I knew exactly what he was talking about.
Earlier that day I'd been having a discussion about whether it's more important to be loved by someone else, or to learn how to love yourself .
I figured my conclusion that day was in conflict with one of my core beliefs. And now this part of me was acting out in a huge tantrum. Boy was he mad.
But instead of fearing him, or feeling angry at him, I felt enormous empathy for him. He was, after all, me. My inner child, perhaps. A little part of me that needed to mature.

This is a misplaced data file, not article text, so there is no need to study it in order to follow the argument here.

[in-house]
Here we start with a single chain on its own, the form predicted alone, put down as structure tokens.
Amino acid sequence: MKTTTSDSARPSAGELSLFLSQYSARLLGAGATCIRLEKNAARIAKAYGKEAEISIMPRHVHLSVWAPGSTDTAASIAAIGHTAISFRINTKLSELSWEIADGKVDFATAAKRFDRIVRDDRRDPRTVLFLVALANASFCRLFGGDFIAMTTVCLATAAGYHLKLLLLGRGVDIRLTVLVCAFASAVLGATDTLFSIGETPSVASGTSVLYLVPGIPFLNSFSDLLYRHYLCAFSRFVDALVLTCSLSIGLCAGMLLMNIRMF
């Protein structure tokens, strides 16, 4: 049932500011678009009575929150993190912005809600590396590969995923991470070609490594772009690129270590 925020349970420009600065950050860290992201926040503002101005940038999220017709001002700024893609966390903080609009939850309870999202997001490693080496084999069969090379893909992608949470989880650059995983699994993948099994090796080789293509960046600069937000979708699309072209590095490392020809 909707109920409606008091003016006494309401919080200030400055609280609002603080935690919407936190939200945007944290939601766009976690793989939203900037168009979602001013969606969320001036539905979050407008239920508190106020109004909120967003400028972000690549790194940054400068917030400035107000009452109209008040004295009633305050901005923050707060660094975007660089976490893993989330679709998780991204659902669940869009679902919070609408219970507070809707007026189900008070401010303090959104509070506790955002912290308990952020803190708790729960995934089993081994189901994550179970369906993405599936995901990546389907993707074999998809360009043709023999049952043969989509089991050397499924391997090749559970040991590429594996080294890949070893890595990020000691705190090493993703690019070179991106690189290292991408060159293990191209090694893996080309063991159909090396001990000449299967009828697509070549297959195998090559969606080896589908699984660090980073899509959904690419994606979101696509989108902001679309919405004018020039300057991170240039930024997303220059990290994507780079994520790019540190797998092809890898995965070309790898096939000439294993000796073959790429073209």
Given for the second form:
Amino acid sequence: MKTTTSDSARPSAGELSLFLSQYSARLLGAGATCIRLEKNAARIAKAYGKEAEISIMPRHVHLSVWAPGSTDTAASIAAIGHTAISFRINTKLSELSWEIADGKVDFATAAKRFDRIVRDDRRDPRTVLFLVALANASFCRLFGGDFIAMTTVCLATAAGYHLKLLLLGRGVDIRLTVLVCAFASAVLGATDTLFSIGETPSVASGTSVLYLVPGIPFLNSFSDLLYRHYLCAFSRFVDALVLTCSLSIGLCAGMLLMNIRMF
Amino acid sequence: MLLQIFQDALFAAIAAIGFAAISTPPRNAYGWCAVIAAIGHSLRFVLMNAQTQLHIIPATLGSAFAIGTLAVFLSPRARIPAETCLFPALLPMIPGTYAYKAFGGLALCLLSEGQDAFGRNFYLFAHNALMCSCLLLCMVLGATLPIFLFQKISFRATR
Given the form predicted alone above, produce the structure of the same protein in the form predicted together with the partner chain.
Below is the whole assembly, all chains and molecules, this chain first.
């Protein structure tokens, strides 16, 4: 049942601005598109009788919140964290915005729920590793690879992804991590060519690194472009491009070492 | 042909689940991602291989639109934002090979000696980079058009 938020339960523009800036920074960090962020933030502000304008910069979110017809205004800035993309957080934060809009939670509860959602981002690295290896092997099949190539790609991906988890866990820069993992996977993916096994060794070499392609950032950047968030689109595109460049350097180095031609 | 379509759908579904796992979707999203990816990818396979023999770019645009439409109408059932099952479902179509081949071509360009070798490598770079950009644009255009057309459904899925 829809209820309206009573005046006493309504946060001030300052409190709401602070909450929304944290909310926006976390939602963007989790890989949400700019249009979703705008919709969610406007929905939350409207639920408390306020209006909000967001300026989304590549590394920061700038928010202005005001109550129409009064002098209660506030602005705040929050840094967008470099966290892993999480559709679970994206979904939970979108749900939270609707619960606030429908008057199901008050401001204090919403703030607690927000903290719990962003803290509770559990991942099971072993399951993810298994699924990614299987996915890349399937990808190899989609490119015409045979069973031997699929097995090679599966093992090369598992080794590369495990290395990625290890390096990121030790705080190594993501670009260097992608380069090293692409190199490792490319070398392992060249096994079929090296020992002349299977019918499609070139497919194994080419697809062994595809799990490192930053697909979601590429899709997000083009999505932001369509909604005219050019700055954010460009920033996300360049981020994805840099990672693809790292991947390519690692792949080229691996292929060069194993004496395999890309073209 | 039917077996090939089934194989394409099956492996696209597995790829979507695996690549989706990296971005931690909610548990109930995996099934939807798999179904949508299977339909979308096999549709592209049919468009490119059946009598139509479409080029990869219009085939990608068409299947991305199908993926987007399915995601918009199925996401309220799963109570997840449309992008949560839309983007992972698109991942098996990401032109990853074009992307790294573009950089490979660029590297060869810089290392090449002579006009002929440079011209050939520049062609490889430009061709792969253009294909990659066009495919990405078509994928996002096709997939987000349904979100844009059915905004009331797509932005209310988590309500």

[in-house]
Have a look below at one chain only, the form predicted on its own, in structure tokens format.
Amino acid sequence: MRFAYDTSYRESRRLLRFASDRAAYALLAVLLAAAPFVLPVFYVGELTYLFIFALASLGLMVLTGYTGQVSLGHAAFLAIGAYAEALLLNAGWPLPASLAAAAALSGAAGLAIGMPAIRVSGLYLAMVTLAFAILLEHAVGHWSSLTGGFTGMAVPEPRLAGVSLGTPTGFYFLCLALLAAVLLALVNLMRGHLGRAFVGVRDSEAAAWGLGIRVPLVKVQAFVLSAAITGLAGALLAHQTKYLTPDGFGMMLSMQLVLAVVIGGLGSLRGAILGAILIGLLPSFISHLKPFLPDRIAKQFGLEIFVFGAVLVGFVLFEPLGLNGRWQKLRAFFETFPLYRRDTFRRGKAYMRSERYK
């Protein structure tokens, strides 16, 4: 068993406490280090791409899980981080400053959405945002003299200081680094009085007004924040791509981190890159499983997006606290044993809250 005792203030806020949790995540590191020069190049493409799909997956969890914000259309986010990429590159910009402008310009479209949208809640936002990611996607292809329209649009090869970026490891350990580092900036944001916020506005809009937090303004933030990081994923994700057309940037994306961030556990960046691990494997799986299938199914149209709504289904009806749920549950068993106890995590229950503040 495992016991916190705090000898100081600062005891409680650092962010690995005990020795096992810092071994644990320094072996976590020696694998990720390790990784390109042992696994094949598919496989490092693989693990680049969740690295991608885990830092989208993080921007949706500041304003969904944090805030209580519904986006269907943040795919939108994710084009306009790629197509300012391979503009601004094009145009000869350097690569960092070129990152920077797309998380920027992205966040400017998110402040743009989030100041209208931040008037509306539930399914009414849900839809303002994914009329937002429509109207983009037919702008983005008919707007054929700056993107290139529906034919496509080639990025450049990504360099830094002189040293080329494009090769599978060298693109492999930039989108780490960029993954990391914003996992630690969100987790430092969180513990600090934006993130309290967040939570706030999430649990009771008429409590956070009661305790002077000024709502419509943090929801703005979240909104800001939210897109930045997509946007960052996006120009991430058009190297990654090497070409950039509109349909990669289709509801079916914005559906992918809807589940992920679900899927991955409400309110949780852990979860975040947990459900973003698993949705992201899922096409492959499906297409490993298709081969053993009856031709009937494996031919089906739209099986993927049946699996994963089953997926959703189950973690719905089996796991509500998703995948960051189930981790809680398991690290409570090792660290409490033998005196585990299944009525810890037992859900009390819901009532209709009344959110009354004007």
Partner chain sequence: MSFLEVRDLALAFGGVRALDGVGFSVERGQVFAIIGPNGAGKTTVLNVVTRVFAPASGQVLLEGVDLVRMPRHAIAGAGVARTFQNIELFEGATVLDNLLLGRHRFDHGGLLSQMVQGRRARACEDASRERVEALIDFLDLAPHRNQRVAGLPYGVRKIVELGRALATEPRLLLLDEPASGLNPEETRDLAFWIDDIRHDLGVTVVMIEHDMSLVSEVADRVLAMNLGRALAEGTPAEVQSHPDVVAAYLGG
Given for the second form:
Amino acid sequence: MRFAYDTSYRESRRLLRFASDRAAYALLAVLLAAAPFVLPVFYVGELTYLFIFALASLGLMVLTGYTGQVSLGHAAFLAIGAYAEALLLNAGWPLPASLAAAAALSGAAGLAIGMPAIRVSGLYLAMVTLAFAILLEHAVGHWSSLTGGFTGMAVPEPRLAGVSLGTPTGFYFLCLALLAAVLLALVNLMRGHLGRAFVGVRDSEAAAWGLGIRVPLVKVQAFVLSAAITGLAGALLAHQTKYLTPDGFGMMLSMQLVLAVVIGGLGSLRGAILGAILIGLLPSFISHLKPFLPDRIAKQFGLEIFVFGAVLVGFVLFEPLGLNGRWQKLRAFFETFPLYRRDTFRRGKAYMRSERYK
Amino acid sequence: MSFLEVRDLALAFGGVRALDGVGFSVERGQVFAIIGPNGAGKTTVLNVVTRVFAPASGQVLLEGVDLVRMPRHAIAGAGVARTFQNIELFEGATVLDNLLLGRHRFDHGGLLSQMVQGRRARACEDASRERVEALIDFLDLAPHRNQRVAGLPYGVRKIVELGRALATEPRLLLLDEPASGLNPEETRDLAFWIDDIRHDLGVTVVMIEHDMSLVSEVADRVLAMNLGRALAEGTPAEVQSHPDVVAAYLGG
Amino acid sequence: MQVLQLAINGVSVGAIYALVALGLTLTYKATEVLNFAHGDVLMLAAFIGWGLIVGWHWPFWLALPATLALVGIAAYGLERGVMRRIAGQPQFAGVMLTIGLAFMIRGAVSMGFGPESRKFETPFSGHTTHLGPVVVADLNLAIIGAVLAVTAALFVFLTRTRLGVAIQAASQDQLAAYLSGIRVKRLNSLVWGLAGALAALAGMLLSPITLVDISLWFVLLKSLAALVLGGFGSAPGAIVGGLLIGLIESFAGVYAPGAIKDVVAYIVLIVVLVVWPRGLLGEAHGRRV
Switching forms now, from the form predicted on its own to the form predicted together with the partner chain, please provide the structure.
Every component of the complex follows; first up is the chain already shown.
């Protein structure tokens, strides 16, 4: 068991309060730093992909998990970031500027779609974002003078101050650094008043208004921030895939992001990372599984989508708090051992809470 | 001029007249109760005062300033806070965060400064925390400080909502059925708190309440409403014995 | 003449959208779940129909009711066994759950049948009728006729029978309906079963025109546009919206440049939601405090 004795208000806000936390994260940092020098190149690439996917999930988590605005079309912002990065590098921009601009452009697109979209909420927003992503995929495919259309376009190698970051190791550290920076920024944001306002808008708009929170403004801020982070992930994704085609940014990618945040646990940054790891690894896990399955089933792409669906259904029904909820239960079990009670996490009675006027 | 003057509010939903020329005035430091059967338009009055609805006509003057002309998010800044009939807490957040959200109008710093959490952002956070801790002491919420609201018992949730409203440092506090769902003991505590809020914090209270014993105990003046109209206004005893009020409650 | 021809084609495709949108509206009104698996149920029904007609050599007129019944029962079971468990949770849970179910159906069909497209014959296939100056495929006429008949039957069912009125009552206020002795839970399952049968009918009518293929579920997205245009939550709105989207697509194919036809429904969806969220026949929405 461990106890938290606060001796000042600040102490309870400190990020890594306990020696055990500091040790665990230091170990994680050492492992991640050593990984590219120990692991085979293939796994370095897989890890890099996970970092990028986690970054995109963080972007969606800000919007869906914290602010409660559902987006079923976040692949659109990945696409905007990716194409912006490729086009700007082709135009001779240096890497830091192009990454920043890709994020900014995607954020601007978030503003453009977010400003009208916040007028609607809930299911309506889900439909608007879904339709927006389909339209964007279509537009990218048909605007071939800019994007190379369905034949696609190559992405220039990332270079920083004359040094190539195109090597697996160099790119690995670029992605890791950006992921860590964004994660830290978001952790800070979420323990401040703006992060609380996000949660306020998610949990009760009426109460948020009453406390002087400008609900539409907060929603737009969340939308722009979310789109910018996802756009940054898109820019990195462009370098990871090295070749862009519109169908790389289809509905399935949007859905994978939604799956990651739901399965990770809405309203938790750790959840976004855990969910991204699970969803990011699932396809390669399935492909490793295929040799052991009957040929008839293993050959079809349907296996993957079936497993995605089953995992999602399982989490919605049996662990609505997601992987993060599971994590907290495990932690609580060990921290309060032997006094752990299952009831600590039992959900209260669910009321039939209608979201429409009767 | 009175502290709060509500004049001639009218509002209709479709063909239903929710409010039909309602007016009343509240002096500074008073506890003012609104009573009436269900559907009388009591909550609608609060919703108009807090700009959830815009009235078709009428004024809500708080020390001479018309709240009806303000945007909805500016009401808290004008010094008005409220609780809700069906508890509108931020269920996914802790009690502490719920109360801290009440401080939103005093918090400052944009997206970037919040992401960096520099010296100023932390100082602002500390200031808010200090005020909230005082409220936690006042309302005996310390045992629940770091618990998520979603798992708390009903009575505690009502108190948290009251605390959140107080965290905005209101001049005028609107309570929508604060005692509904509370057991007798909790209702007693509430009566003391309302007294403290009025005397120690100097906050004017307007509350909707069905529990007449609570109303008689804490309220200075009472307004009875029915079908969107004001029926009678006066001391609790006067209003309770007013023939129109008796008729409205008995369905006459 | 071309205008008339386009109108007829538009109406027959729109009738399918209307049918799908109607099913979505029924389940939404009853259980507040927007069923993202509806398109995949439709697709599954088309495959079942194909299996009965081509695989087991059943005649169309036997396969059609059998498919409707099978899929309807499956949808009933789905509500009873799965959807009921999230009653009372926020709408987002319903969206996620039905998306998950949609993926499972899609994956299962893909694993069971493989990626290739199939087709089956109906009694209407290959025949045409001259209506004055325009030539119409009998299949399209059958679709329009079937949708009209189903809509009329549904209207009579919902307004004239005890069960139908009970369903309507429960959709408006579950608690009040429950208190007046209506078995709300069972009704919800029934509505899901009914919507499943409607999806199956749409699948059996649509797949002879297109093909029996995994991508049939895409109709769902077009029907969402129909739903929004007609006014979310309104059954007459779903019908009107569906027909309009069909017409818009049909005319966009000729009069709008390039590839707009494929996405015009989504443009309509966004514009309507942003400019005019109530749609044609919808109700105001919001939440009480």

I'm still not entirely sure how he figured into things. I could guess that he was furious that I'd decided I didn't want or need to be loved by other people anymore. Poor thing. He'd misunderstood - badly.
I explained how I felt. How important it was, I'd realized, to love and accept myself as a priority. Before I could even learn how to properly accept someone else's love.
That was enough, apparently, because that night he faded away from the dream, both physically and emotionally, and I never saw him again. I woke up in awe.
That wasn't the first time I've confronted a nightmare figure while lucid. And it won't be the last time either.
This amazing ability to communicate with the dream while lucid has changed my view of nightmares for good. They aren't a source of fear; they are an opportunity to grow.